Chem of life
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Chem of Life . Macromolecules: Nucleic Acids. Nucleic Acids. Biomolecules Store and Transmit Hereditary Information. Examples (Types) of Nucleic Acids. Deoxyribonucleic Acid (DNA) Ribonucleic Acid (RNA). DNA Functions. Provides directions for its own replication Direct RNA synthesis

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Chem of Life

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Chem of Life

Macromolecules:

Nucleic Acids


Nucleic Acids

  • Biomolecules

  • Store and Transmit Hereditary Information


Examples (Types) of Nucleic Acids

  • Deoxyribonucleic Acid (DNA)

  • Ribonucleic Acid (RNA)


DNA Functions

  • Provides directions for its own replication

  • Direct RNA synthesis

  • & through RNA controls protein synthesis


Genes

  • Consist of DNA (a nucleic acid polymer)

  • Molecules that enable living organisms to reproduce their complex components from one generation to the next.


DNA

  • Inherited from parents

  • Each chromosome contains one long DNA molecule with several hundred to more than a thousand genes)

  • Copied before cell division to be passed onto next generation.


Molecular Structure:

  • Monomer: nucleotide

  • Each nucleotide monomer consists of:

    • A phosphate group

    • Pentose sugar

    • Nitrogenous base


RNA Structure

  • Polynucleotide:

    • Pentose Sugar = Ribose

    • Nitrogenous base (a purine or a pyrimidine)

    • Phosphate group

  • Simple polynucleotide (single strand)


RNA


DNA Structure

  • Polynucleotide:

    • Pentose Sugar = deoxyribose

    • Nitrogenous base (a purine or a pyrimidine)

    • Phosphate group

  • Double Stranded


DNA


Ribose vs. Deoxyribose

  • Deoxyribose lacks an Oxygen atom on the second C in the ring


FYI

  • Numbered Carbons have a prime (‘) after them, note the 5’ C end is the one that sticks out from the ring.

  • The phosphate group attached to the 5’ C of the ring


Recap

  • Nucleic Acid Polymer = polynucleotides

    • Examples: DNA & RNA

  • Nucleic Acid Monomer = nucleotide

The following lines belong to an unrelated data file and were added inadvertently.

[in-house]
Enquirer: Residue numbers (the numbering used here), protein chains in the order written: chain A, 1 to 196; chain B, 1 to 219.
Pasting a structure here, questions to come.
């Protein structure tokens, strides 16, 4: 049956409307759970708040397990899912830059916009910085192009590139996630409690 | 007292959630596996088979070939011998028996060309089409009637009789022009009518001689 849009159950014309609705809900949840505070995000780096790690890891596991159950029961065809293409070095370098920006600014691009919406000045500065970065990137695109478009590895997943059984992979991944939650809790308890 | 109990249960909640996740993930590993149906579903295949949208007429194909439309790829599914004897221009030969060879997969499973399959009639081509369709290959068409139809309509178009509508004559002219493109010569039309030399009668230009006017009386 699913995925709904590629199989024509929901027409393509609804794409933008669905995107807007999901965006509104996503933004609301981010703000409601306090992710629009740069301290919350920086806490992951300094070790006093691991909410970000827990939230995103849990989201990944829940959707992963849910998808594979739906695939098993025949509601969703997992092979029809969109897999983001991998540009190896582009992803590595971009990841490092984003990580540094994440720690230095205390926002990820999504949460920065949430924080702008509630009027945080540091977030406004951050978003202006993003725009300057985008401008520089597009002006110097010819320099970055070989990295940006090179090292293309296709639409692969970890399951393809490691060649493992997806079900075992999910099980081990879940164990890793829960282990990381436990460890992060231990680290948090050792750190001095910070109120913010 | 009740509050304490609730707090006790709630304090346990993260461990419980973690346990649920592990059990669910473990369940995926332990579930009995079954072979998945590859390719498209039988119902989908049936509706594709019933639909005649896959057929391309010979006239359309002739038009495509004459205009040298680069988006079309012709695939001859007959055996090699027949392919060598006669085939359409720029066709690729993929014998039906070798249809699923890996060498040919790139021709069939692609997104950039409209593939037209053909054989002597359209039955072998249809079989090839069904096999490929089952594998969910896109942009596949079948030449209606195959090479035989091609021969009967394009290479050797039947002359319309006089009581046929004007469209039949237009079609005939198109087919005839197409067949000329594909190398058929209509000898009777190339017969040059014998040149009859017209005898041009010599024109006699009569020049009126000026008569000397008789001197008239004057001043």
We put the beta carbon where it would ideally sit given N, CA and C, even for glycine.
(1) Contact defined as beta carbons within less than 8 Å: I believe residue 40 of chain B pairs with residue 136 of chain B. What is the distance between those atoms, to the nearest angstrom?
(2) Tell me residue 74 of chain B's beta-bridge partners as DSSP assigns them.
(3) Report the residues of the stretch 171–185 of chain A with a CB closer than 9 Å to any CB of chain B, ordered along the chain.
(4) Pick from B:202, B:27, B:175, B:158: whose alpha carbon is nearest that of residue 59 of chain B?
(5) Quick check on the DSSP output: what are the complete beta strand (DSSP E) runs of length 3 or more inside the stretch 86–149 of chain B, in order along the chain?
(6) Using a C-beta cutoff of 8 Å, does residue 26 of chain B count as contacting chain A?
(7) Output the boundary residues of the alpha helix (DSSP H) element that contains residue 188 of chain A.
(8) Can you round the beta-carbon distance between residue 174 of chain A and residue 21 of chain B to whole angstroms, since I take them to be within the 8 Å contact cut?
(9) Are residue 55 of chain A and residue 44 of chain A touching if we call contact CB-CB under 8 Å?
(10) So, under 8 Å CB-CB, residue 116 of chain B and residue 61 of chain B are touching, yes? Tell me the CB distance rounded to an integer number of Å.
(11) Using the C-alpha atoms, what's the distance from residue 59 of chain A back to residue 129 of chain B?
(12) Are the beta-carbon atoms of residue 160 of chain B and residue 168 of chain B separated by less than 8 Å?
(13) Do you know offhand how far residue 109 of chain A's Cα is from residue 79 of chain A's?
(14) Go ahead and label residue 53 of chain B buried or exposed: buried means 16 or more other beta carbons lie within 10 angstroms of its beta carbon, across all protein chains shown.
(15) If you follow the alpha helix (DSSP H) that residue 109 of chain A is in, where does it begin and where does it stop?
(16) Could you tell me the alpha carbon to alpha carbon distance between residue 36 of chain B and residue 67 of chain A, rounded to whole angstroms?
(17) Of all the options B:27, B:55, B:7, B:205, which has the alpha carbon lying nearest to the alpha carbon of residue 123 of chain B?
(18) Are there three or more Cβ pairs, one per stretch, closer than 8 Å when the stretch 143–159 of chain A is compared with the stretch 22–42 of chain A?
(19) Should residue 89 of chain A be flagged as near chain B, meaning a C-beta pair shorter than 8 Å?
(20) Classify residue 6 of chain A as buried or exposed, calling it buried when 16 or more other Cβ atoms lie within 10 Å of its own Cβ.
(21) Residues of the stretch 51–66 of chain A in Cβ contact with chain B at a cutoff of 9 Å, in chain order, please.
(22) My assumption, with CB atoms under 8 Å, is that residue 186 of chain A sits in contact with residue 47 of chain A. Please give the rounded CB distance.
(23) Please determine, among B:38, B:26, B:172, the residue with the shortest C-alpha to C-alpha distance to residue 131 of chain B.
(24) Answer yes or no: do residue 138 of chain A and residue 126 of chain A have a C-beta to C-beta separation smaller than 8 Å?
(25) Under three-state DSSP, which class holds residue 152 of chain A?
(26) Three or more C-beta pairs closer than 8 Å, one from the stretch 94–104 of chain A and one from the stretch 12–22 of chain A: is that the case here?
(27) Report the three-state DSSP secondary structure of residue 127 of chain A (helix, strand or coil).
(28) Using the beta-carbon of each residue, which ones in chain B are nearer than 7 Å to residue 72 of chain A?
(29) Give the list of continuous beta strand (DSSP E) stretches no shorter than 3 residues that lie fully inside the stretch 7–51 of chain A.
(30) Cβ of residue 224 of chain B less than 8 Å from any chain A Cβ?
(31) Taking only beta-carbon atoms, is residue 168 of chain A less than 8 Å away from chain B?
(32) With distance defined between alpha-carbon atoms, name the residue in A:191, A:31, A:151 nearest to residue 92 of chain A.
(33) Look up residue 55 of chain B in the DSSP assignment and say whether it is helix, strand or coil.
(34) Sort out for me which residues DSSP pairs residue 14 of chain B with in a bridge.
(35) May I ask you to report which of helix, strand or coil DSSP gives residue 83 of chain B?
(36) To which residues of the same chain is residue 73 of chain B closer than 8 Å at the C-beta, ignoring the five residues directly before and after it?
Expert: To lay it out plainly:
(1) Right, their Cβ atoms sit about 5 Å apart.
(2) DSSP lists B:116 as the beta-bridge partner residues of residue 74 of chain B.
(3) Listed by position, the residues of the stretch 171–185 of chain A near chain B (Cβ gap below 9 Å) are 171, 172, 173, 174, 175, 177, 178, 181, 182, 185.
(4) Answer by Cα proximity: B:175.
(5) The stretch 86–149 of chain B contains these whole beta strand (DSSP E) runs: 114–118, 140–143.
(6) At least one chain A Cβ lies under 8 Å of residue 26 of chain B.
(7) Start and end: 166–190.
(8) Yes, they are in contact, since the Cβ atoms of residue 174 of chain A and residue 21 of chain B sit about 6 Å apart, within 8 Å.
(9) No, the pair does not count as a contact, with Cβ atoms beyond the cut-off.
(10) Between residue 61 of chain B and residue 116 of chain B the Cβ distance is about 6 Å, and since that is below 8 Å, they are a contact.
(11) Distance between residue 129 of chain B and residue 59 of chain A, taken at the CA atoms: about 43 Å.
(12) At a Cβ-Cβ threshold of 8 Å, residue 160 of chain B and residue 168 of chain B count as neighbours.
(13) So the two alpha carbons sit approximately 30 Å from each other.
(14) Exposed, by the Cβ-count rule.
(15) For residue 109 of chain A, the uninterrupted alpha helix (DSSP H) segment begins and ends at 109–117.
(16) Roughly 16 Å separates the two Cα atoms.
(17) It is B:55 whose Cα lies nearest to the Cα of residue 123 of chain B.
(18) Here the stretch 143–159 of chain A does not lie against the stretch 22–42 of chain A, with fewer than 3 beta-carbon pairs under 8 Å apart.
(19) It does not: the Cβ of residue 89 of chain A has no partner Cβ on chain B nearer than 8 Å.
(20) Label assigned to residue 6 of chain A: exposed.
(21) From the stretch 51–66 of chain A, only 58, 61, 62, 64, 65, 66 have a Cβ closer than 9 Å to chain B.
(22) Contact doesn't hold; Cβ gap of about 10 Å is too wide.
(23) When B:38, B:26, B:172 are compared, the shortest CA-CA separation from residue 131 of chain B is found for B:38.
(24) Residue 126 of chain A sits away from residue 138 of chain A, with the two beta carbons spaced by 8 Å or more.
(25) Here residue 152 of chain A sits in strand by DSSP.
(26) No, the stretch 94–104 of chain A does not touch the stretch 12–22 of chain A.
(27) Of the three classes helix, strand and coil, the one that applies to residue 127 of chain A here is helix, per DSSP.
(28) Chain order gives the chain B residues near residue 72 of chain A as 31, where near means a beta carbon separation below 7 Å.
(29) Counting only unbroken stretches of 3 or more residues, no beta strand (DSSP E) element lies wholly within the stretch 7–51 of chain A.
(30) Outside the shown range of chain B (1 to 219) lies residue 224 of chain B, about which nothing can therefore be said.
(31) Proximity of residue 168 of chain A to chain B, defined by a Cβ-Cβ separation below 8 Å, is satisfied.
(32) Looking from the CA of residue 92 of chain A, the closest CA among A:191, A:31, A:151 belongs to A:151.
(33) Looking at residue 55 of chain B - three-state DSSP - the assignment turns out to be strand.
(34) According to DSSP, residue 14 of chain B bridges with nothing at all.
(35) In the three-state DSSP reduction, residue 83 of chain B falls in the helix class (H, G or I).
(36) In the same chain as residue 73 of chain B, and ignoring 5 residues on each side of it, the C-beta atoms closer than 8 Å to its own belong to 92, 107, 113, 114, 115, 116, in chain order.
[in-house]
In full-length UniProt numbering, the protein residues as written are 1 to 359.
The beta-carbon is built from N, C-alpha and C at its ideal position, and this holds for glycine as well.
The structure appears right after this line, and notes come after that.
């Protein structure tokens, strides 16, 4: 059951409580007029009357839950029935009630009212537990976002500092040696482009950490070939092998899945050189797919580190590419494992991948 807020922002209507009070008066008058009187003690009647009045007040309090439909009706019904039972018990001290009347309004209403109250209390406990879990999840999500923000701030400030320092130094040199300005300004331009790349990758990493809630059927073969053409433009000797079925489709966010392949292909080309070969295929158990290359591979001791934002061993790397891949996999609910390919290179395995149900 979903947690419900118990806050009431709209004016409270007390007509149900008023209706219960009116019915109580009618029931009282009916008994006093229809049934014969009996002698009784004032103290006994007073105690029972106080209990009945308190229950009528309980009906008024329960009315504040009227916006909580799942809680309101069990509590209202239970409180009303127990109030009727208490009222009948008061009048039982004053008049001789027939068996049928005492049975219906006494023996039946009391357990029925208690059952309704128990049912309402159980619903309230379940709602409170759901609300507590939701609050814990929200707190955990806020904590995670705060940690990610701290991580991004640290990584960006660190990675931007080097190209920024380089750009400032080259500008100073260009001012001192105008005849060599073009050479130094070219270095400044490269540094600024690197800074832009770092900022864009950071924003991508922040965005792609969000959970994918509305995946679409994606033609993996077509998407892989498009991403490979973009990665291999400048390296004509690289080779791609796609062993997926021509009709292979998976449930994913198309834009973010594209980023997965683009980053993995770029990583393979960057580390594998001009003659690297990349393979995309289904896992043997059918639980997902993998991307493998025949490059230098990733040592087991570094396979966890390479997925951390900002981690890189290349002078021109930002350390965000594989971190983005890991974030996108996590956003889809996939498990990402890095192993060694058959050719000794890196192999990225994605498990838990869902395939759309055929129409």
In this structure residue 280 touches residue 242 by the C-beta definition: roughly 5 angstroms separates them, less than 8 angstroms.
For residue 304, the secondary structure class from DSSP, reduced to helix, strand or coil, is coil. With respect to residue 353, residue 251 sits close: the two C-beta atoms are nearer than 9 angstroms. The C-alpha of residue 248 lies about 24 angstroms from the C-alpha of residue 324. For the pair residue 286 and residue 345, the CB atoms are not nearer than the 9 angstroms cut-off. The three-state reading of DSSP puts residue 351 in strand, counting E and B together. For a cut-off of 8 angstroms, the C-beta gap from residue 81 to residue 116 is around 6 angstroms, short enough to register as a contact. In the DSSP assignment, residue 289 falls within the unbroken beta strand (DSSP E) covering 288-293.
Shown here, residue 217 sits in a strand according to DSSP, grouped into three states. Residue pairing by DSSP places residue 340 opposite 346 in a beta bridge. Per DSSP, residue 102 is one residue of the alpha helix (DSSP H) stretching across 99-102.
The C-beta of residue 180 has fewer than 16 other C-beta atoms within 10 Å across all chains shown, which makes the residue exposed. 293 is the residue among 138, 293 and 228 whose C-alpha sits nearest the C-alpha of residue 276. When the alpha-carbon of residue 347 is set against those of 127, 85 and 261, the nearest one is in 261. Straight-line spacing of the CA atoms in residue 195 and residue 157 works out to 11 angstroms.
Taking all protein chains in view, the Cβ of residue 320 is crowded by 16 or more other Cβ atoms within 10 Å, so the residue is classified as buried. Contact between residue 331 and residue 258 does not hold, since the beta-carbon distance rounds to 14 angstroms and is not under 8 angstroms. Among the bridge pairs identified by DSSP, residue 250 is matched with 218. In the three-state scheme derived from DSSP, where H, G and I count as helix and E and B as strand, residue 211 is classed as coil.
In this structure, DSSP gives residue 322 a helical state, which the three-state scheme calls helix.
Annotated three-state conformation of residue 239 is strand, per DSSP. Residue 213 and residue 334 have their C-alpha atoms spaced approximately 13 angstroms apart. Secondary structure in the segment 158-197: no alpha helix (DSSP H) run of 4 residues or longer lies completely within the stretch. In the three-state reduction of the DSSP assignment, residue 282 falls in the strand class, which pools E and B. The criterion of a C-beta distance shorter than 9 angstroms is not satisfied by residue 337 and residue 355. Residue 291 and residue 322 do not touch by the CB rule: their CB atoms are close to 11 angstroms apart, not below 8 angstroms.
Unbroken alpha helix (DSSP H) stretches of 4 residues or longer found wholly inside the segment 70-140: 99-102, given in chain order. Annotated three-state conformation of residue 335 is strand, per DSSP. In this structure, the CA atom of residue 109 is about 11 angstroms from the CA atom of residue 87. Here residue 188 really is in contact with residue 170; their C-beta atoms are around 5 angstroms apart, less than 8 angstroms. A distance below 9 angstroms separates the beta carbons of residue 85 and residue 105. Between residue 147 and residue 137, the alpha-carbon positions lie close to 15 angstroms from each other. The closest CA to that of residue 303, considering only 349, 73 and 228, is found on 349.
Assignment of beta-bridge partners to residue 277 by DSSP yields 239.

• Nucleoside (nitrogenous base & pentose)

    • Phosphate group


Nitrogenous Bases

  • Two families:

    • Pyrimidine

    • Purine


Pyrimidine:

  • 6-membered ring & N atoms

    • N atoms take up the H+ from solution (base)

  • Members include:

    • Cytosine (C)

    • Thymine (T)

      • (found only in DNA)

    • Uracil (U)

      • (found only in RNA)


Pyrimidine:


Purines

  • Larger 6-membered ring fused to a 5-membered ring

  • Members include:

    • Adenine (A)

    • Guanine (G)


Purines


Nitrogenous BaseFunctional Groups

  • Vary

  • Attached to the rings

    (Handout)


Polymerization

  • Adjacent nucleotides are joined by covalent bonds (phosphodiester linkages)

  • Involves the –OH group on 3’ C of one nucleotide to the phosphate group on the 5’ C of another nucleotide


Polymerization

  • Result = backbone with repeating sugar-phosphate with a distinct 3’ and 5’ ends

    • DNA (The 2 sugar phosphate strands run in opposite directions = antiparallel)

  • The nitrogenous bases stick out like appendages and are complementary in DNA.


Biological Staining:

  • Acridine orange (AO) is a nucleic acid selective fluorescent cationic dye useful for cell cycle determination. It is cell-permeable, and interacts with DNA and RNA by intercalation or electrostatic attractions. When bound to DNA, it is very similar spectrally to fluorescein. Like fluorescein, it is also useful as a non-specific stain for backlighting conventionally stained cells on the surface of a solid sample of tissue (fluorescence backlighted staining[4]).

Wells J. (1988) A Technique for Staining the Superficial Cells of Plucked Hair Follicles and Other Solid Tissues, Stain Technology, Vol 63, No3.


Resources:

  • http://www.millerandlevine.com/chapter/12/bases.html

  • http://www.biologycorner.com/bio1/DNA.html

  • 2006 Miller & Levine Prentice Hall Biology

  • 2005 Campbell & Reece Biology 7thed


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